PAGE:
The redevelopment of the Agar Grove Estate is Camden Council’s largest ever regeneration project, involving the demolition of eight blocks built as social housing in 1966, and the construction of 500 new homes at market rates and shared ownership. The phased “decanting” of residents began in 2012 with the entire project set to span over 15 years of demolition, construction and refurbishment. Living on the 3rd floor of the last remaining block from the original Modernist development, photographer Alys Morrison has documented the demolition from her living room window with an urgency bordering on obsession. Her observations, using HD video, medium format photography and her iPhone, are regularly transmitted through Instagram, creating a record of and for a community living at the front line of wholesale neighbourhood regeneration, on a long-term building site where whole buildings and ancient trees disappear in a matter of hours.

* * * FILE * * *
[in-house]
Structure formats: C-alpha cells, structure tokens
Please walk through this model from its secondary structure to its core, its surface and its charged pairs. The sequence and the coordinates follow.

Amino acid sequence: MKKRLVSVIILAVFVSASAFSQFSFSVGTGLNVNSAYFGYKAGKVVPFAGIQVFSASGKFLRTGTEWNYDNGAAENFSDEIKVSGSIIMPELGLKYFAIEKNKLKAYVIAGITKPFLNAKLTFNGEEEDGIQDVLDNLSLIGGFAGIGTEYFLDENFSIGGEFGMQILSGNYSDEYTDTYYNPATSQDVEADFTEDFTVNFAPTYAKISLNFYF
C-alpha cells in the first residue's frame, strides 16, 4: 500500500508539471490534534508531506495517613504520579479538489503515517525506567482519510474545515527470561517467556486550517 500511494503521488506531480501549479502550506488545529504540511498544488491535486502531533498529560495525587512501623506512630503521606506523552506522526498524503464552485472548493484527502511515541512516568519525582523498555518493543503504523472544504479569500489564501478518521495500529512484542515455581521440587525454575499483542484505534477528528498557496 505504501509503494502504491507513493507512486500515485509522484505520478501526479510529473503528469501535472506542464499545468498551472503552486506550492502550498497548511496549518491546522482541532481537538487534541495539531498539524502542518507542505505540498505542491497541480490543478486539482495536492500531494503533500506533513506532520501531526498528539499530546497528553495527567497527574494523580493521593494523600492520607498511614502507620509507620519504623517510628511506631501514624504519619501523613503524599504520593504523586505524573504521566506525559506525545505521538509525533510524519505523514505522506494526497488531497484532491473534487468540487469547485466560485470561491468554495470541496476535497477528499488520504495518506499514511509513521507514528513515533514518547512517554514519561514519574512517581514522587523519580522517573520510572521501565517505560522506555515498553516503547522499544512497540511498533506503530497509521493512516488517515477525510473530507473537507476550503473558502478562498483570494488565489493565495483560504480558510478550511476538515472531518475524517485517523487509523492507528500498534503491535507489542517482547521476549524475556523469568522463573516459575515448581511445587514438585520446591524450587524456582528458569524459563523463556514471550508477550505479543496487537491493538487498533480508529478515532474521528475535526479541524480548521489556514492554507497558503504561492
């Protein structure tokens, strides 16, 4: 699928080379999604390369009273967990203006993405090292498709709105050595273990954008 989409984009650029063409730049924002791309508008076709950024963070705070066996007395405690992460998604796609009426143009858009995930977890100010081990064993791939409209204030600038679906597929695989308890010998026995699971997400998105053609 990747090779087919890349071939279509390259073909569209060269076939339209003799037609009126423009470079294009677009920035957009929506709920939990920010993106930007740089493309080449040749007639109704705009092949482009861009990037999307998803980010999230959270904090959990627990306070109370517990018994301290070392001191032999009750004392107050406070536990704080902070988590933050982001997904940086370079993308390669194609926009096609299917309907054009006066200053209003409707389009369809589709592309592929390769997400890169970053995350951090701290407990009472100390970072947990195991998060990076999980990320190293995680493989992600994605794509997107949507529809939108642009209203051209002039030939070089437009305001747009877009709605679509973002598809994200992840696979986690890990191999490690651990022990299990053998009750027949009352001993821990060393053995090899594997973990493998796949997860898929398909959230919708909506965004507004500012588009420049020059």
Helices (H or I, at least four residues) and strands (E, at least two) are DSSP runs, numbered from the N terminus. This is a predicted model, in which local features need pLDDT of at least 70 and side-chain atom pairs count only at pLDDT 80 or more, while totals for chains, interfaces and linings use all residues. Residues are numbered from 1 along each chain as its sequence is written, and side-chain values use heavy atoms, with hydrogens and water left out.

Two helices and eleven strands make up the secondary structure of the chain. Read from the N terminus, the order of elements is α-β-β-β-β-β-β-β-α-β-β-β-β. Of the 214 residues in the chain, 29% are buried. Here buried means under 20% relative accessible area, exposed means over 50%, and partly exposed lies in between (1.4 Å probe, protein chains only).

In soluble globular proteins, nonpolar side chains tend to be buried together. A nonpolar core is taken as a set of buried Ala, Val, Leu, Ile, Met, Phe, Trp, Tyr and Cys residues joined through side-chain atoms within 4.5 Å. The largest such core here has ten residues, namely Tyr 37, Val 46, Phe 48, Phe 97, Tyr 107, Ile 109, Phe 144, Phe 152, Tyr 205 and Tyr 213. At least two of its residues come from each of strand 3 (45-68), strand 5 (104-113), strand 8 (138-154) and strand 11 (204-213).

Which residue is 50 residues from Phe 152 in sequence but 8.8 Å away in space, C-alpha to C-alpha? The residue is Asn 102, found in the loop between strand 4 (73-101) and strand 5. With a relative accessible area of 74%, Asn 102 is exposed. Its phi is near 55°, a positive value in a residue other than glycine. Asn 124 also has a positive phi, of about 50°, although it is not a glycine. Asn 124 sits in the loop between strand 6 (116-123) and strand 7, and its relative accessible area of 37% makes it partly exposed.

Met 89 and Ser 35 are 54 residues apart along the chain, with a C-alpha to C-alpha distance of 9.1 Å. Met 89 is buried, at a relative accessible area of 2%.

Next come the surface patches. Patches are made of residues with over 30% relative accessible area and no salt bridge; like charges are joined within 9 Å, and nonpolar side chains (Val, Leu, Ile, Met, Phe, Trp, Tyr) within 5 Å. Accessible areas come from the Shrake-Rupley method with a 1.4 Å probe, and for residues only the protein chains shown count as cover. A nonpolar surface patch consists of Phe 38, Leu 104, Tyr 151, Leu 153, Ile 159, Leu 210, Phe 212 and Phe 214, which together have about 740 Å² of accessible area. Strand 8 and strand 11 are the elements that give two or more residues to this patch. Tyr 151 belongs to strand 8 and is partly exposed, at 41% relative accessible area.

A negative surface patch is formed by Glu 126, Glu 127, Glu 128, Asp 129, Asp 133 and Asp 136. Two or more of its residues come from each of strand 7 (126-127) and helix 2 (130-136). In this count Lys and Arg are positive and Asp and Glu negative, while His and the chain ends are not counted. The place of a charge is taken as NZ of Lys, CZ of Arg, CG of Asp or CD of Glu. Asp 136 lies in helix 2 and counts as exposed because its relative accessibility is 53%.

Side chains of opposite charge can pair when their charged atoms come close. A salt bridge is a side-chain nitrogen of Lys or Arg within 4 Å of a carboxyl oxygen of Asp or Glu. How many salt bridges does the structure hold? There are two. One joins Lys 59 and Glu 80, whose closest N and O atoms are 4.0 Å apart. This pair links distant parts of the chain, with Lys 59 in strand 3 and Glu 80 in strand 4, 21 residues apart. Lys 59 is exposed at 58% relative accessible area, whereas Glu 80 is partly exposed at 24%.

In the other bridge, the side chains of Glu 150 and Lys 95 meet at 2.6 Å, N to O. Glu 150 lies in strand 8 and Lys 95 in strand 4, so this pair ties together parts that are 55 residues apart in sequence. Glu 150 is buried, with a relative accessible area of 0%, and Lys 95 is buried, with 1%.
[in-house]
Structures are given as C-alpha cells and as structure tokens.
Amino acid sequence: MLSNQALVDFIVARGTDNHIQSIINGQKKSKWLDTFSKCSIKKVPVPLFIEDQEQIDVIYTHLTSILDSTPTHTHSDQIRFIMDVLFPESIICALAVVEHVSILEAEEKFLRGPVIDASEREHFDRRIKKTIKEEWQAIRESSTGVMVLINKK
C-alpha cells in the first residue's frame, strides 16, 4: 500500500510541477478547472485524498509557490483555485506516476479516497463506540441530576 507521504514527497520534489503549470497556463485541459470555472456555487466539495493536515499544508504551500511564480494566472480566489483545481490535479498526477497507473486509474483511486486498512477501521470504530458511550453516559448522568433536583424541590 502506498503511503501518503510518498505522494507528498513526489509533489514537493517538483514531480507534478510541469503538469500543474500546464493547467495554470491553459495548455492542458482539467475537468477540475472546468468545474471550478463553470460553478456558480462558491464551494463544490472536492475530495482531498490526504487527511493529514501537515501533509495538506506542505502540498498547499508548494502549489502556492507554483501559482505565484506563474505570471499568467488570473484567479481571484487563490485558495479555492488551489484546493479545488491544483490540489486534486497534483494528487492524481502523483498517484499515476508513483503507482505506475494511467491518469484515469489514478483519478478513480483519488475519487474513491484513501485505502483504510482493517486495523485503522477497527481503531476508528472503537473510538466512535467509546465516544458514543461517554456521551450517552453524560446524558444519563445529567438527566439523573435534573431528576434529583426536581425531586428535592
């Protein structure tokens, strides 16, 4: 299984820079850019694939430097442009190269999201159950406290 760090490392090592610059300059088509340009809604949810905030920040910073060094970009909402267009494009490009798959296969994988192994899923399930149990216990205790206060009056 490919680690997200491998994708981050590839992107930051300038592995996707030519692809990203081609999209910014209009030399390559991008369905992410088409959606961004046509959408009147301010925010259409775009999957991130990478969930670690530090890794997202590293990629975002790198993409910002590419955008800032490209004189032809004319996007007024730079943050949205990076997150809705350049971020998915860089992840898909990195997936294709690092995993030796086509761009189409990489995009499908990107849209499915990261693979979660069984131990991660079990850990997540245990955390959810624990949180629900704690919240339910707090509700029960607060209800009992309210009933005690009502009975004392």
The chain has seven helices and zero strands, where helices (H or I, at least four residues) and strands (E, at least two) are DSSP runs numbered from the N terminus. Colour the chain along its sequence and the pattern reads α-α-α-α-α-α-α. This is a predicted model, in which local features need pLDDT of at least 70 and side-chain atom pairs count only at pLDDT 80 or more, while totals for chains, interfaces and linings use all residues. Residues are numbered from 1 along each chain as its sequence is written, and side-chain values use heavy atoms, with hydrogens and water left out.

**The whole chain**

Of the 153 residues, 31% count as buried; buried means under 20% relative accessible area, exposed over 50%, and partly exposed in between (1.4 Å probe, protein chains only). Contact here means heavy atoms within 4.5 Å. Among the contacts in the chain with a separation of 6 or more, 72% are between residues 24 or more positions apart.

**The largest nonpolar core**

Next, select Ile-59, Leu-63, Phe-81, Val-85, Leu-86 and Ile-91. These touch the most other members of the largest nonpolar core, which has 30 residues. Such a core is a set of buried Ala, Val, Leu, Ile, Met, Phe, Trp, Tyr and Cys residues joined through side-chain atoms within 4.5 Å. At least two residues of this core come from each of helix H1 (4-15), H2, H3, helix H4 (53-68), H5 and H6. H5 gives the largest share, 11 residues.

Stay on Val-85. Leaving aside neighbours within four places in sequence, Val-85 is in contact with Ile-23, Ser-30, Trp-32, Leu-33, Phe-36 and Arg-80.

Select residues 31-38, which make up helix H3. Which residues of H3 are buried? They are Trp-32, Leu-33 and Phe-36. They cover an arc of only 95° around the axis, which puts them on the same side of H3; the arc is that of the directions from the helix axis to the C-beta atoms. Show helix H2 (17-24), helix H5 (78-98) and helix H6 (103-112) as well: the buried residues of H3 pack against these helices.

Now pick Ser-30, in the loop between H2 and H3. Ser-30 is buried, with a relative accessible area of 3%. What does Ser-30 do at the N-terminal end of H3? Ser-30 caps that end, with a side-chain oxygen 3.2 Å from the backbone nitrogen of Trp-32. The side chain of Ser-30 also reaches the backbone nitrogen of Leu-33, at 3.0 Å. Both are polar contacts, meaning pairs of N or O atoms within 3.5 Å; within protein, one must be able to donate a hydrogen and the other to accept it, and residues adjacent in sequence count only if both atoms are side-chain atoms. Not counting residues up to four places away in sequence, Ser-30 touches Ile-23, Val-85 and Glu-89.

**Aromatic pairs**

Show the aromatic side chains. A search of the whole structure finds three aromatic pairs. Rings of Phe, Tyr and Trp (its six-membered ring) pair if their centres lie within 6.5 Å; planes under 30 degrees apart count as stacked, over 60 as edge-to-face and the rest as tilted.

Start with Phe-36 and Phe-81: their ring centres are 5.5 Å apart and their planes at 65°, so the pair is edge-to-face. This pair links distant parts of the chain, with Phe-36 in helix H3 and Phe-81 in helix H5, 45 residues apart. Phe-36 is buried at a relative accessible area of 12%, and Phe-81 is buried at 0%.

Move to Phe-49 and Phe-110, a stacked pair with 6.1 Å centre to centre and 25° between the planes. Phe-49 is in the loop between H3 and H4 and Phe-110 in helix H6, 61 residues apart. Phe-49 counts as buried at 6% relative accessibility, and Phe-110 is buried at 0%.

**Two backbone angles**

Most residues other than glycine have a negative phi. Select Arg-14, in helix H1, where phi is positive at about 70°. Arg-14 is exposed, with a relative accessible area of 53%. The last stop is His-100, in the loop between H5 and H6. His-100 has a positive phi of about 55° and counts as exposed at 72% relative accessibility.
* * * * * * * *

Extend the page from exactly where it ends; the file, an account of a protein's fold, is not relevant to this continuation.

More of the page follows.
Dust, Dirt from On Site Works comprises a black and white photo essay with selected plates in full colour. An excerpt from Morrison’s broad and ongoing body of work, it documents the site’s shifting character and its tension with the natural environment, as grass lawns are mowed only to be obliterated by rubble days later. When the estate’s towering plane tree is unceremoniously disappeared, it is as though Morrison has lost a corroborating eyewitness.
The first 50 copies contain an original 3 x 5” colour print.